Employee-owned firms, the big squeeze, and the nifty fifty
Employee-owned brands will occupy a very different position in the industry
As if the Great Resignation, Great Reassessment, and Big Quit weren’t enough, employee-owned AE leadership teams are also caught in the middle of the Big Squeeze. And it’s not one of those warm and fuzzy happy squeezes. (Speaking of “Greats,” Hulu’s The Great deserves a big huzzah.)
Oh no, the Big Squeeze is a whole trifecta of bad. It’s one of those hugs that’s way too tight, far too long, and with a stranger. It’s a direct result of four trends that are converging over the next five years to remake the AE industry. (See January 10’s Word on the Street.) And when the bear hug is over, employee-owned brands will occupy a very different position in the industry. And it starts with firm valuations…
1. You think real estate in Aspen is expensive? Try buying an AE or environmental consulting firm these days. M&A valuations (a fancy way to say “prices”) for design and environmental firms are at all-time highs. One CEO that I spoke with this week described experiencing something akin to vertigo when he realized what he would have to pay for a preferred acquisition target. Other terms we’ve heard to describe today’s prices from similarly spooked executives are the fun “champagne multiples” and somewhat more concerning “nosebleed levels.”
2. Five frothy years ahead: The combination of buy-side demand factors (mature industry, private capital influx, infrastructure bill, talent constraints) and sell-side drivers (boomer and Gen-X owners cashing out at record rates, inability to transfer leadership and ownership internally, changed competitive environment) are teeing up five years of unprecedented industry hyper-consolidation. We expect volume to escalate at a rate of 10% annually with some 3,250 AE and environmental firms being sold between now and the end of 2026. Concurrently, deal prices—already at record levels—will increase further. Firms in high demand will see multiples approaching those typically reserved for tech firms, not professional services ones. Truth be told, we’ve been in the early stages of this market dynamic since 2018 when there was a step function in industry deal activity (that was the first year that annual deal volume exceeded 300 transactions) and associated spike in multiples.
3. Core competencies count: Such a M&A environment favors skilled buyers with ample capital whose core competency is creating and delivering superior, sustainable returns for shareholders through buying and selling businesses. In the AE industry those types of buyers are the cohort of publicly traded firms and the relatively new breed of private equity backed players. This M&A environment does not favor the majority of industry employee-owned firms for three reasons. First, their core competencies lie in designing solutions for clients—not in acquiring firms. Second, they are, for the most part, conservative in accessing and deploying capital rather than maximizing returns. Third, and most important, many are in the midst of the dreaded Nifty Fifty syndrome.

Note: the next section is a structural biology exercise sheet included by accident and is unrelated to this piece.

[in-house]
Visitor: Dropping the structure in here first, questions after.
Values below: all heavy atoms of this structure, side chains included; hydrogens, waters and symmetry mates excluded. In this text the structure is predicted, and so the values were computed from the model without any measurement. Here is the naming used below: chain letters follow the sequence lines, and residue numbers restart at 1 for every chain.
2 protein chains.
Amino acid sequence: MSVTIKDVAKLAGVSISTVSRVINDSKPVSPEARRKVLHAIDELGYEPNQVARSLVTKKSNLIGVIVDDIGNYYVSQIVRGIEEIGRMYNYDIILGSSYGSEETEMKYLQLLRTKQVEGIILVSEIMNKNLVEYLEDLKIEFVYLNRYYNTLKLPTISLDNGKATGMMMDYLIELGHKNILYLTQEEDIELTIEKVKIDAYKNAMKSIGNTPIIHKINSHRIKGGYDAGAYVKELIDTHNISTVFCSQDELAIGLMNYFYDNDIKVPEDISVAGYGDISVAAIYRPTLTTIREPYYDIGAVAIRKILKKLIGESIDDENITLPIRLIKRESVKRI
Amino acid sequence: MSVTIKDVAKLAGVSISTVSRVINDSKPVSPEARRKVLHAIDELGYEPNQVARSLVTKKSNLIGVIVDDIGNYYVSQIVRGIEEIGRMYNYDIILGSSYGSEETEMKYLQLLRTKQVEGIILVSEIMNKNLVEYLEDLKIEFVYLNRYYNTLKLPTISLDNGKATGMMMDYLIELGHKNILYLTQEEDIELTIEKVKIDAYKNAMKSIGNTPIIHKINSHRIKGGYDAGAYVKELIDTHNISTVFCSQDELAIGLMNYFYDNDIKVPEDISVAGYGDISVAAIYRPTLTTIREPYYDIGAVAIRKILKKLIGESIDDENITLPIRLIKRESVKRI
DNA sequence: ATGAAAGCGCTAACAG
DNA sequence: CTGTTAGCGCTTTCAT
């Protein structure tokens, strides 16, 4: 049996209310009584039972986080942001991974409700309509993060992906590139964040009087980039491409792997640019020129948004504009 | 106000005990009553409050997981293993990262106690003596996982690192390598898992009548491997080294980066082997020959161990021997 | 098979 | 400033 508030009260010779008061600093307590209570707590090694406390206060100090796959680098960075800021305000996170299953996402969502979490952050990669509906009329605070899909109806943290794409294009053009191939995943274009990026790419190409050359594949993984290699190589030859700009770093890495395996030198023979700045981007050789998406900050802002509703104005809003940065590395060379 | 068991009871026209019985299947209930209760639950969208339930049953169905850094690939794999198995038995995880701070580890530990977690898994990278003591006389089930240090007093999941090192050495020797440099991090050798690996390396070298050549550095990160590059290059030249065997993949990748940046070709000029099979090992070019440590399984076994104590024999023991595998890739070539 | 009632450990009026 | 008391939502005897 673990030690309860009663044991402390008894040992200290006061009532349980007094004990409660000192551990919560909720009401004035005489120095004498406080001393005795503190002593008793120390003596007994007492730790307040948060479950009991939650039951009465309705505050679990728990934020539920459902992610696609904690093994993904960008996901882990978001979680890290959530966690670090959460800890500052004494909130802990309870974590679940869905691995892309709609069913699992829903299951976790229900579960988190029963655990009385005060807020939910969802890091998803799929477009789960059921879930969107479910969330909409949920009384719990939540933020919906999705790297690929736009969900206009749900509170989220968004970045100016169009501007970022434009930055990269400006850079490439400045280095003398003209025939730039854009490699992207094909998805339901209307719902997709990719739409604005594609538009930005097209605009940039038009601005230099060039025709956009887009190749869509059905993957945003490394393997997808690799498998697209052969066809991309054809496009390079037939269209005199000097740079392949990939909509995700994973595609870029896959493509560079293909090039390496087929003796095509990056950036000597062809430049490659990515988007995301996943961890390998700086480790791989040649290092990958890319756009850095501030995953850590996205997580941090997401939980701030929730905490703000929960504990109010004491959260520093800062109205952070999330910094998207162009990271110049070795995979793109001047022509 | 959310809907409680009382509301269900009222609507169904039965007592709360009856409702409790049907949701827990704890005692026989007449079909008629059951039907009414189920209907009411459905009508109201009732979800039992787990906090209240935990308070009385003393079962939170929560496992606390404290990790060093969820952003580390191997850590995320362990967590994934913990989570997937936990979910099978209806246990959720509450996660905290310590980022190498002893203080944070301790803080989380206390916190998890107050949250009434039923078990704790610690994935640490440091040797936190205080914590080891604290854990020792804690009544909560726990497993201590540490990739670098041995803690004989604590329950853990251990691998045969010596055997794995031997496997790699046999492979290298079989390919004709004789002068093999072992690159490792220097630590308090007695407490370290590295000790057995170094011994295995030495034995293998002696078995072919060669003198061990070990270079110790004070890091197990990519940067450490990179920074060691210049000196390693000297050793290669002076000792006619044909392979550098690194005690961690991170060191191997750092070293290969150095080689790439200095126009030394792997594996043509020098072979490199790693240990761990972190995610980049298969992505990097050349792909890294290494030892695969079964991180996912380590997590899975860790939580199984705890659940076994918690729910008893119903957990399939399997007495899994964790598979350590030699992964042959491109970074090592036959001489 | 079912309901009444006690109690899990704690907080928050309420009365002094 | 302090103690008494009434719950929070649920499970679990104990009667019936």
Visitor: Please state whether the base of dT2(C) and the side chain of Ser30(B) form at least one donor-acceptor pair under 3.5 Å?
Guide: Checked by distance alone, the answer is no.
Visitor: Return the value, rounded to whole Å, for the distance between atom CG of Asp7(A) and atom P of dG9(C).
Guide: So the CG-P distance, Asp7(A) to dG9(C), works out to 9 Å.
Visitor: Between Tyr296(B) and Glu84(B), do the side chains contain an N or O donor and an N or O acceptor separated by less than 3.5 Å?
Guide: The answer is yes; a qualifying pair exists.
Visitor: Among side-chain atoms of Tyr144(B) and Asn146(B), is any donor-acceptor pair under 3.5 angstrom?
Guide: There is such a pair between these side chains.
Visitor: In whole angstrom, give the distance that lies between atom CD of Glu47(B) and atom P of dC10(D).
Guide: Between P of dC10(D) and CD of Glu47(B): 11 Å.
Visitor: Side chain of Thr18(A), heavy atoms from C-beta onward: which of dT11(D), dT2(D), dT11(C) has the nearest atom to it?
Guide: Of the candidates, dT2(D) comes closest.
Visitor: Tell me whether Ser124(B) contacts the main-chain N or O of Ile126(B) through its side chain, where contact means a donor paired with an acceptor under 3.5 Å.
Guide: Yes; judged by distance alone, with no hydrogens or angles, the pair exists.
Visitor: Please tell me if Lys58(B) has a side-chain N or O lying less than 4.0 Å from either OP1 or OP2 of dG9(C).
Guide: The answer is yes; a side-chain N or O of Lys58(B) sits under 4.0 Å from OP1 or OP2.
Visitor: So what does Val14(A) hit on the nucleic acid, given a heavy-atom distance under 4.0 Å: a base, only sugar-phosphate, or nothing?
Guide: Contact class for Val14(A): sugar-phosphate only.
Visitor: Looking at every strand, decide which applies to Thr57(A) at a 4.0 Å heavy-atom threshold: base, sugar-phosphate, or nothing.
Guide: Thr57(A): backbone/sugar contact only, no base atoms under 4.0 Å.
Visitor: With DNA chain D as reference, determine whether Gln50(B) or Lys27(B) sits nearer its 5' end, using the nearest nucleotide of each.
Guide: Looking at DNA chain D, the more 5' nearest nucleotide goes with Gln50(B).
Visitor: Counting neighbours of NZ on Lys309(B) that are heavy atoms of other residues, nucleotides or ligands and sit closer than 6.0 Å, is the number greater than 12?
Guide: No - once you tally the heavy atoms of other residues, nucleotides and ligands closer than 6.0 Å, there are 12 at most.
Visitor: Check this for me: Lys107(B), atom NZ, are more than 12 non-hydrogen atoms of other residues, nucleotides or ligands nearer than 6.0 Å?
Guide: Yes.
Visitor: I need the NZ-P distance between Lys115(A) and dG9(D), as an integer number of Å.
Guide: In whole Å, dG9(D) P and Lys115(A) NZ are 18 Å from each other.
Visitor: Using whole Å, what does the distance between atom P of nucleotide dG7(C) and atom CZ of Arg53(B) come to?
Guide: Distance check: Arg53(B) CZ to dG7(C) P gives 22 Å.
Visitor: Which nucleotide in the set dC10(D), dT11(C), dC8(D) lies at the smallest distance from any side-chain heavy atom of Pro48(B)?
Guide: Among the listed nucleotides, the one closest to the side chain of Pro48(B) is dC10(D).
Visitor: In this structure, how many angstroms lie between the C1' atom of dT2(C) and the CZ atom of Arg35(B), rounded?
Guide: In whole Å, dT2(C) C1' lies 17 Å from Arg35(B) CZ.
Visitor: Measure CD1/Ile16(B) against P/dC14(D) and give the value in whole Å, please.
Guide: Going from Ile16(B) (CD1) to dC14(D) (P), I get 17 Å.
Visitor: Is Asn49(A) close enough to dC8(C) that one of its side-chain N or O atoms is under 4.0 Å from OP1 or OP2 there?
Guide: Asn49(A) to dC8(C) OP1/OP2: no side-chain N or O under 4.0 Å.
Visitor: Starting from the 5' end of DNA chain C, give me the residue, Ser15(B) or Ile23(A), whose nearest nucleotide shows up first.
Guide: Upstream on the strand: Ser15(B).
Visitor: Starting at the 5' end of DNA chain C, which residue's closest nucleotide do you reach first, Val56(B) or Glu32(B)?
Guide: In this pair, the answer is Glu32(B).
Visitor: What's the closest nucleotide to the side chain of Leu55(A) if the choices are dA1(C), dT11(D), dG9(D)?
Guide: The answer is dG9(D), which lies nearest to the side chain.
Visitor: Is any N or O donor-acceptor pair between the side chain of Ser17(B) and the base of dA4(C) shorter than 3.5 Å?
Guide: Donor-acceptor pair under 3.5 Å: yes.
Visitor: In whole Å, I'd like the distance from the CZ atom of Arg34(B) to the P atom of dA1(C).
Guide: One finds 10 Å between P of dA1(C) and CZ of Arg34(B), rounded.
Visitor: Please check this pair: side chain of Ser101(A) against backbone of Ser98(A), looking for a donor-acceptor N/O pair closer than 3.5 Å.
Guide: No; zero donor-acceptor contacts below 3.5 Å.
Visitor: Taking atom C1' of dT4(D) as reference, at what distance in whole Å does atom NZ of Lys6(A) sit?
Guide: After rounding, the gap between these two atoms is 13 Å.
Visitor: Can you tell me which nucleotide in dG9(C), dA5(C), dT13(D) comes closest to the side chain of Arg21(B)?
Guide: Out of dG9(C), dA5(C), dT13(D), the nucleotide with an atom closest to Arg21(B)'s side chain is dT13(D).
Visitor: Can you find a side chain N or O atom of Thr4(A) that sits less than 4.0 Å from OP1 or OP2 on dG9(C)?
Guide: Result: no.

4. The Nifty Fifty Syndrome: AE and environmental firms experience this when more than 50% of their equity is owned by managers over the age of 55. Tell-tale symptoms of the syndrome include: less appetite for risk, slower decision-making, a reluctance to make long-term investments, and itchiness. All these factors taken together place employee-owned firms at a clear disadvantage in the competition to acquire high-performing firms over the next five years.
5. Consolidation, not acquisition: As we’ve moved into this high-multiple M&A environment, more and more employee-owned firms—which in the past were active and enthusiastic buyers—have been choosing to sit out the acquisition market. They do the math, figure the hit to their internal stock price, and pass because they figure it’s too darn risky. (Narrator: Can you say, “Nifty Fifty?”) Instead, they’ve been looking to consolidate and build on historic acquisitions that they have made in the past. As a result, the percentage of industry acquisitions completed by employee-owned firms has steadily declined from 71% in 2018 to 68% in 2019 to 66% in 2020 to an historic low of 56% in 2021. Indeed, when you look at the most prolific industry acquirers (See Word on the Street, October 11, 2021) there are zero non-ESOP employee-owned firms in the mix. We can expect the influence of employee-owned acquirers to continue to be diminished as prices increase through 2027. They will be squeezed out by private equity and publicly traded buyers.
6.The upshot: The Big Squeeze will put most employee-owned firms at a disadvantage in the upcoming period of industry hyper-consolidation. More often than not, they will find that the acquisitions that they need to make to achieve the goals in their strategic plans have been snapped up by their competitors with different capital models. The industry landscape at the end of 2026 will look decidedly less employee-owned. The employee-owned firms that will make it through the Big Squeeze are those high performers that can grow at 10% plus per year with profits north of 20% per year. The others will be watching from the sidelines as the industry gets remade.
This article originally appeared on Morrissey Goodale’s website. Morrissey Goodale is a CFE Media content partner.
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